Characters of smythiesii-complex. Apicoscrobal hair simple, stout and stiff, shallowly curved. The dorsolateral margin anterior and posterior to this with shorter simple stiff hairs that are curved, blunt and subcylindrical. Leading edge of scape with narrowly spatulate curved hairs. Cephalic dorsum with weakly elevated narrowly spatulate ground pilosity; occipital margin with a transverse row of 6 much longer stout erect hairs, dorsum otherwise without erect hairs. Eye with 10-11 ommatidia in total. Pronotal humeral hair flagellate and very long. Promesonotal dorsum reticulate-punctate. Propodeal dorsum more finely and superficially reticulate-punctate but not smooth. Pronotal dorsum with a pair of stiff erect hairs; mesonotum with 5-6 pairs of similar but slightly shorter hairs. Hind femur dorsally with an erect flagellate hair close to the trochanter and distal to this with row of at least 3 erect simple hairs; similar hairs present on ventral surface of femur and on dorsal (outer) surface of hind tibia. Propodeal tooth vestigial, represented only by a ghostly vestige at top of lamella close to declivity. Lateral spongiform lobe of petiole small, in profile confined to posterior third or less of side of node. Disc of postpetiole smooth. Standing hairs near base of first gastral tergite long and weakly remiform; becoming shorter more posteriorly on the sclerite. Basigastral costulae traverse limbus and extend for about an equal length onto tergite proper.
Bolton (2000) - Holotype worker, paratype worker and queen, TAIWAN: Taitung Hsien, Lichia, 24.iv.1995 (C. -C. Lin) (National Taiwan University) [examined].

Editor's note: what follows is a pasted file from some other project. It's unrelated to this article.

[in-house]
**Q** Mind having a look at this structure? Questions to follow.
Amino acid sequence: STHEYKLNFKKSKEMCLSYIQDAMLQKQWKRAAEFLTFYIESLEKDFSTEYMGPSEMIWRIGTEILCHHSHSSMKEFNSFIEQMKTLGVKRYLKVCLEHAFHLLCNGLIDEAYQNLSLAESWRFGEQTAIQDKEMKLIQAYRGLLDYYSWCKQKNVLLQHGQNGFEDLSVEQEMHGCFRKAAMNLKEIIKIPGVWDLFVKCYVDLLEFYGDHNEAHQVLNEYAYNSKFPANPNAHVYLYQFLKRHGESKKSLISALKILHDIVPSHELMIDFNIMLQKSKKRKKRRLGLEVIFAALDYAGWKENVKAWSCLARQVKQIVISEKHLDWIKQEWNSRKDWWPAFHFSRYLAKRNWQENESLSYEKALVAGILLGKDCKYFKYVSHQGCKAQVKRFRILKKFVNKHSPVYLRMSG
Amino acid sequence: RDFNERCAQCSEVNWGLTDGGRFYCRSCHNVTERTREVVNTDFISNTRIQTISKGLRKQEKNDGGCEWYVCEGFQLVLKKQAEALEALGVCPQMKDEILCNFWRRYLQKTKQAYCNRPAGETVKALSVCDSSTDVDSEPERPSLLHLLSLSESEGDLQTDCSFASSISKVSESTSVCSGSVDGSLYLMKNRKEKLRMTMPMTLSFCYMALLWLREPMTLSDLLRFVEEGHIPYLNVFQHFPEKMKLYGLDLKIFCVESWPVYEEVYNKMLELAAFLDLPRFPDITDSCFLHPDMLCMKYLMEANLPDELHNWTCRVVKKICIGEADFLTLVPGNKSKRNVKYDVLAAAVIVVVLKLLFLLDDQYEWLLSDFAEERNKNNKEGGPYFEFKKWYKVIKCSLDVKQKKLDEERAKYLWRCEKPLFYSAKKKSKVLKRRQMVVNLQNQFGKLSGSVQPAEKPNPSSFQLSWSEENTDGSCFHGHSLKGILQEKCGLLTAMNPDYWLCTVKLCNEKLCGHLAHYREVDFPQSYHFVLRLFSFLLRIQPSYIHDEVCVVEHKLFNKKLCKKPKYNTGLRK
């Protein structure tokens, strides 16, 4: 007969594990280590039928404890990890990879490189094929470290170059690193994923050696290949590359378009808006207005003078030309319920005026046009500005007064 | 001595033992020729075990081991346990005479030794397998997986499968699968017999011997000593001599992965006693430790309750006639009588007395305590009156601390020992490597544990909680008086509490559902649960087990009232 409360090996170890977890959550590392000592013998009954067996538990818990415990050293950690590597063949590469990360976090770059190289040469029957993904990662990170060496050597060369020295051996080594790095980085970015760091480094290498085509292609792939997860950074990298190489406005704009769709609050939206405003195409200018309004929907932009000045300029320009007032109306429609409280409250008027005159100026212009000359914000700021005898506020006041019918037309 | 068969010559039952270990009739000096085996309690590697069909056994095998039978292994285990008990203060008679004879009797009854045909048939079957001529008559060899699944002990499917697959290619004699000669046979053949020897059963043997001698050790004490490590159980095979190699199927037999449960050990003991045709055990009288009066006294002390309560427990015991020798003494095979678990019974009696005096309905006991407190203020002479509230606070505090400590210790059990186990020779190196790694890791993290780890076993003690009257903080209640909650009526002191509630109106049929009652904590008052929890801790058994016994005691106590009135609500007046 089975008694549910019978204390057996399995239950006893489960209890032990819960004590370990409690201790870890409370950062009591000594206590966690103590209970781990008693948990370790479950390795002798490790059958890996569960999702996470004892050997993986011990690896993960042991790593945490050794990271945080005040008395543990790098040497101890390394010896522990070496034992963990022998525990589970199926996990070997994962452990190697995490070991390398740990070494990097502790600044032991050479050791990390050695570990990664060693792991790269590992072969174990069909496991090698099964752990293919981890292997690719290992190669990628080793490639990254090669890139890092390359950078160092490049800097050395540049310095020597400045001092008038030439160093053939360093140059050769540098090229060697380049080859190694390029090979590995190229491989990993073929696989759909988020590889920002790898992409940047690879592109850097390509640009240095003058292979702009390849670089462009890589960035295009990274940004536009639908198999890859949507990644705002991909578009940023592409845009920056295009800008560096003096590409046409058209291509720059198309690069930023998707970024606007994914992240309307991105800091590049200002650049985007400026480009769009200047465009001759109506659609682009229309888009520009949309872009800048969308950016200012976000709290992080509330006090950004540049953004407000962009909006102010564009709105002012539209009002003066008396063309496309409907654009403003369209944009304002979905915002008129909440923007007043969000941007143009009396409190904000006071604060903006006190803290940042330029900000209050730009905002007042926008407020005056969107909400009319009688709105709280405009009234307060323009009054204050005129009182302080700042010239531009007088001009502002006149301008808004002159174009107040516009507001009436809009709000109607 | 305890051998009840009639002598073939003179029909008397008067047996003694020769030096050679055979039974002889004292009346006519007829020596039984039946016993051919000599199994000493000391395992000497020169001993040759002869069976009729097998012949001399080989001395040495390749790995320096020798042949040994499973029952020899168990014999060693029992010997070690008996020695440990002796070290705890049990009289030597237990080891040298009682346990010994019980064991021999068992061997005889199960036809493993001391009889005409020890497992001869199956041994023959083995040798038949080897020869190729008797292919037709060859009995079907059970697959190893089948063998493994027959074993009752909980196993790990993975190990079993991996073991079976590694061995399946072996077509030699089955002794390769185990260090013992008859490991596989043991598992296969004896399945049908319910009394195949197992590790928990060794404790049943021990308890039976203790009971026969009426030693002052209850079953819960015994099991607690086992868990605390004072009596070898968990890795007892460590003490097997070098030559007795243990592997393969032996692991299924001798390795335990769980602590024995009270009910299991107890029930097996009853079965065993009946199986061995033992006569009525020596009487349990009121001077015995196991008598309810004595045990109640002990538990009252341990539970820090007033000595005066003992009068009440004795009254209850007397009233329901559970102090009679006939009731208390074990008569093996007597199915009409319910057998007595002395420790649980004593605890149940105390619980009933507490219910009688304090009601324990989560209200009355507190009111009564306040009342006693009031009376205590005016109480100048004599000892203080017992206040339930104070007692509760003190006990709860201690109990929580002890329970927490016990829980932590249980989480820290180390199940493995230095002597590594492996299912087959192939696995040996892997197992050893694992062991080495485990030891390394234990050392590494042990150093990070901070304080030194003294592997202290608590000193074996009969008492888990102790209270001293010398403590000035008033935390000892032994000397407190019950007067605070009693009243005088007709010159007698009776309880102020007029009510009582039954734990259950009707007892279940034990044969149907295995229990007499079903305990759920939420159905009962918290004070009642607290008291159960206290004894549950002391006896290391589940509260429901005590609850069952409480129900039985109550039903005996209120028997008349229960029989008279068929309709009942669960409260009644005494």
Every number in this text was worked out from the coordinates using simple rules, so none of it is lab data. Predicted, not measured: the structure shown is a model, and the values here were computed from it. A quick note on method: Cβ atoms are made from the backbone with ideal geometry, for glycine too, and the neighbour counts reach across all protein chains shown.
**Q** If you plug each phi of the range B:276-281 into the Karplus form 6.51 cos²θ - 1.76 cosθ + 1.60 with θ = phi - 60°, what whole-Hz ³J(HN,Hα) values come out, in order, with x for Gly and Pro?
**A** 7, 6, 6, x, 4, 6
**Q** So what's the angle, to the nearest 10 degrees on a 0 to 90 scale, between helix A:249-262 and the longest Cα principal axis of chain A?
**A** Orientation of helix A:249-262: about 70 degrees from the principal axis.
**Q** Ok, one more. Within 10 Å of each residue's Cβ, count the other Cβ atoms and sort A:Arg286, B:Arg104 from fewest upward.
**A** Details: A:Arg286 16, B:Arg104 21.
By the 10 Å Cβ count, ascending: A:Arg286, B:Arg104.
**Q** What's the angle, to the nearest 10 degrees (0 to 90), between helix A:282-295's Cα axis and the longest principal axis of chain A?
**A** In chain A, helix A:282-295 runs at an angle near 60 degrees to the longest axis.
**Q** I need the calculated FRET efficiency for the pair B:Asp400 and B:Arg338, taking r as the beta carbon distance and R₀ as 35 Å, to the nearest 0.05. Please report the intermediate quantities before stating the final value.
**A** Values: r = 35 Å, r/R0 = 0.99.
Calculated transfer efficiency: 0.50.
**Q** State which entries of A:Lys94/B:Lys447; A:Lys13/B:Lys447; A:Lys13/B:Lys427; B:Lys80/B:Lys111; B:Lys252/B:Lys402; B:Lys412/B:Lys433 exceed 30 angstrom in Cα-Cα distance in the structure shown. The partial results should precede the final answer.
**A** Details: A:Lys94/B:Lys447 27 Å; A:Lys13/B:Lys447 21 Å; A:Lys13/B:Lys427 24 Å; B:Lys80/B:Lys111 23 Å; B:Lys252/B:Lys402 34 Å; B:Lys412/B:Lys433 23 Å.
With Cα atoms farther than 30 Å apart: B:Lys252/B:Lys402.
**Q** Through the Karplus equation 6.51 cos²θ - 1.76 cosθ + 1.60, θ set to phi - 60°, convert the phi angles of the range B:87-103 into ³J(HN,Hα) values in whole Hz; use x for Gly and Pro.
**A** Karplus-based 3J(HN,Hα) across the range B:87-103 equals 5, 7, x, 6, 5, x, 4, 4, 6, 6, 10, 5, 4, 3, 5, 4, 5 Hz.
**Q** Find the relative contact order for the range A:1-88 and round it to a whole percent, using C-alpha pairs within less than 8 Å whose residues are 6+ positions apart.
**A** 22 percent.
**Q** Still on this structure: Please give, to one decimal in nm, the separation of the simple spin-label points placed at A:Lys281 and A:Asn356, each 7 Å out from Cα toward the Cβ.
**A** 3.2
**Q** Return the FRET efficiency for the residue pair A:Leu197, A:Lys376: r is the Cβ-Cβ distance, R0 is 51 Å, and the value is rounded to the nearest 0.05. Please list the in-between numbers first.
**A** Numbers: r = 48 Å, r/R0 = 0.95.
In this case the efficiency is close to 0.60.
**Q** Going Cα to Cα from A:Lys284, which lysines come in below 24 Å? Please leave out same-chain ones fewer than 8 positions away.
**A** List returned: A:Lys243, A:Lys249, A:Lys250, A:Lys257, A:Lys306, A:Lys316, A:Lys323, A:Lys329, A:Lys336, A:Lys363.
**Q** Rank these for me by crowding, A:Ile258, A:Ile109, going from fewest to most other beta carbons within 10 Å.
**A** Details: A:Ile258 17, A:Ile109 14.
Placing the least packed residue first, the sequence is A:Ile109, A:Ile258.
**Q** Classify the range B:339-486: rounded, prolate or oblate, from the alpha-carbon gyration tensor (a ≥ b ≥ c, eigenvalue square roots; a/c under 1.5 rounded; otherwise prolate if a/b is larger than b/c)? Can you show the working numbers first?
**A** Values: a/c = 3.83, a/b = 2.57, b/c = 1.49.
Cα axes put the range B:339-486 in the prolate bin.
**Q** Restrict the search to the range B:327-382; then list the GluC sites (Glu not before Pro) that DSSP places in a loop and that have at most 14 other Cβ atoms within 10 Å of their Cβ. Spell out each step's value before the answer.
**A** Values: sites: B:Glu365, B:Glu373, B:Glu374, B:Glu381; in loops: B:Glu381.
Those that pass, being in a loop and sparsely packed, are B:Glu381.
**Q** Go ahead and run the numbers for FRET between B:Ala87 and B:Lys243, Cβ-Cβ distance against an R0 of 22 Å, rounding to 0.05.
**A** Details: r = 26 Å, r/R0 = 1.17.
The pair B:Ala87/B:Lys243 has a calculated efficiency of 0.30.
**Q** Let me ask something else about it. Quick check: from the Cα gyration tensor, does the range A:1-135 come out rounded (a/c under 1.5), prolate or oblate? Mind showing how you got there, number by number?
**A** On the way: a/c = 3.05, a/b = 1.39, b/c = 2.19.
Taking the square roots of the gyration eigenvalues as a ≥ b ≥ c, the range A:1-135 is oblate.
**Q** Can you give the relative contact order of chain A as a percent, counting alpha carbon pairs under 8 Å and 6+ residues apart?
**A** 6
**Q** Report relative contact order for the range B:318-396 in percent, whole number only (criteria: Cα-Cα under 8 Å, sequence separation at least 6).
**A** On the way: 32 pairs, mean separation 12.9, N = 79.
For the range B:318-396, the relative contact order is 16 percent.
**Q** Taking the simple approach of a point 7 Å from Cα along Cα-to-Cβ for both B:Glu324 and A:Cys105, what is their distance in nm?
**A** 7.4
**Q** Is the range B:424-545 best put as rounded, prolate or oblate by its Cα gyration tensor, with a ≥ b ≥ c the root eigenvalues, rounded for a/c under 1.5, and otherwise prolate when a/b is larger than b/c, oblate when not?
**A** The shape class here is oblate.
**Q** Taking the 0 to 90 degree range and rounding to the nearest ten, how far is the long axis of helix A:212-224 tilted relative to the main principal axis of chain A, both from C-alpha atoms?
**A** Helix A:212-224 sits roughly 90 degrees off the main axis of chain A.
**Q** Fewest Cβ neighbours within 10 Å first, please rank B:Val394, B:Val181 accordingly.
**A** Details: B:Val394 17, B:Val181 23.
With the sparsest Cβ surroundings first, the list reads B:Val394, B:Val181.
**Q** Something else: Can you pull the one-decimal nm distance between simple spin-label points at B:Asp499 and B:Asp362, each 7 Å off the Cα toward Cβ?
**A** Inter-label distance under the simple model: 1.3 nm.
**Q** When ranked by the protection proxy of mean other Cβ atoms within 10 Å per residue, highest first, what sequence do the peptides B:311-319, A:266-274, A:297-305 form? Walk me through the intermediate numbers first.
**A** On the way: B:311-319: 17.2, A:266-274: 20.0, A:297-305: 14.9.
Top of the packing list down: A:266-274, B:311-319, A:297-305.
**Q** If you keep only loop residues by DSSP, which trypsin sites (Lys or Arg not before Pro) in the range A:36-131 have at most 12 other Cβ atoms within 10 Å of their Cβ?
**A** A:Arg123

Named after Lichia, the type locality of this new species.
- Bolton, B. 2000. The ant tribe Dacetini. Memoirs of the American Entomological Institute. 65:1-1028. (page 810, redescription of worker)
- Lin, C.-C.; Wu, W.-J. 1996. Revision of the ant genus Strumigenys Fr. Smith (Hymenoptera: Formicidae) of Taiwan. Chin. J. Entomol. 16: 137-152.(page 147, figs. 25-29 worker, queen described)
References based on Global Ant Biodiversity Informatics
- Bolton, B. 2000. The Ant Tribe Dacetini. Memoirs of the American Entomological Institute 65
- Guénard B., and R. R. Dunn. 2012. A checklist of the ants of China. Zootaxa 3558: 1-77.
- Lin C.C., and W.J. Wu. 1996. Revision of the ant genus Strumigenys Fr. Smith (Hymenoptera: Formicidae) of Taiwan. Chinese Journal of Entomology 16:137-152.
- Terayama M. 2009. A synopsis of the family Formicidae of Taiwan (Insecta: Hymenoptera). Research Bulletin of Kanto Gakuen University. Liberal Arts 17:81-266.
- Terayama Mamoru. 2009. A synopsis of the family Formicidae of Taiwan (Insecta, Hymenoptera). The Research Bulletin of Kanto Gakuen University 17: 81-266.
- Terayama, M. 2009. A synopsis of the family Formicidae of Taiwan (Insecta; Hymenoptera). The Research Bulletin of Kanto Gakuen University 17: 81-266.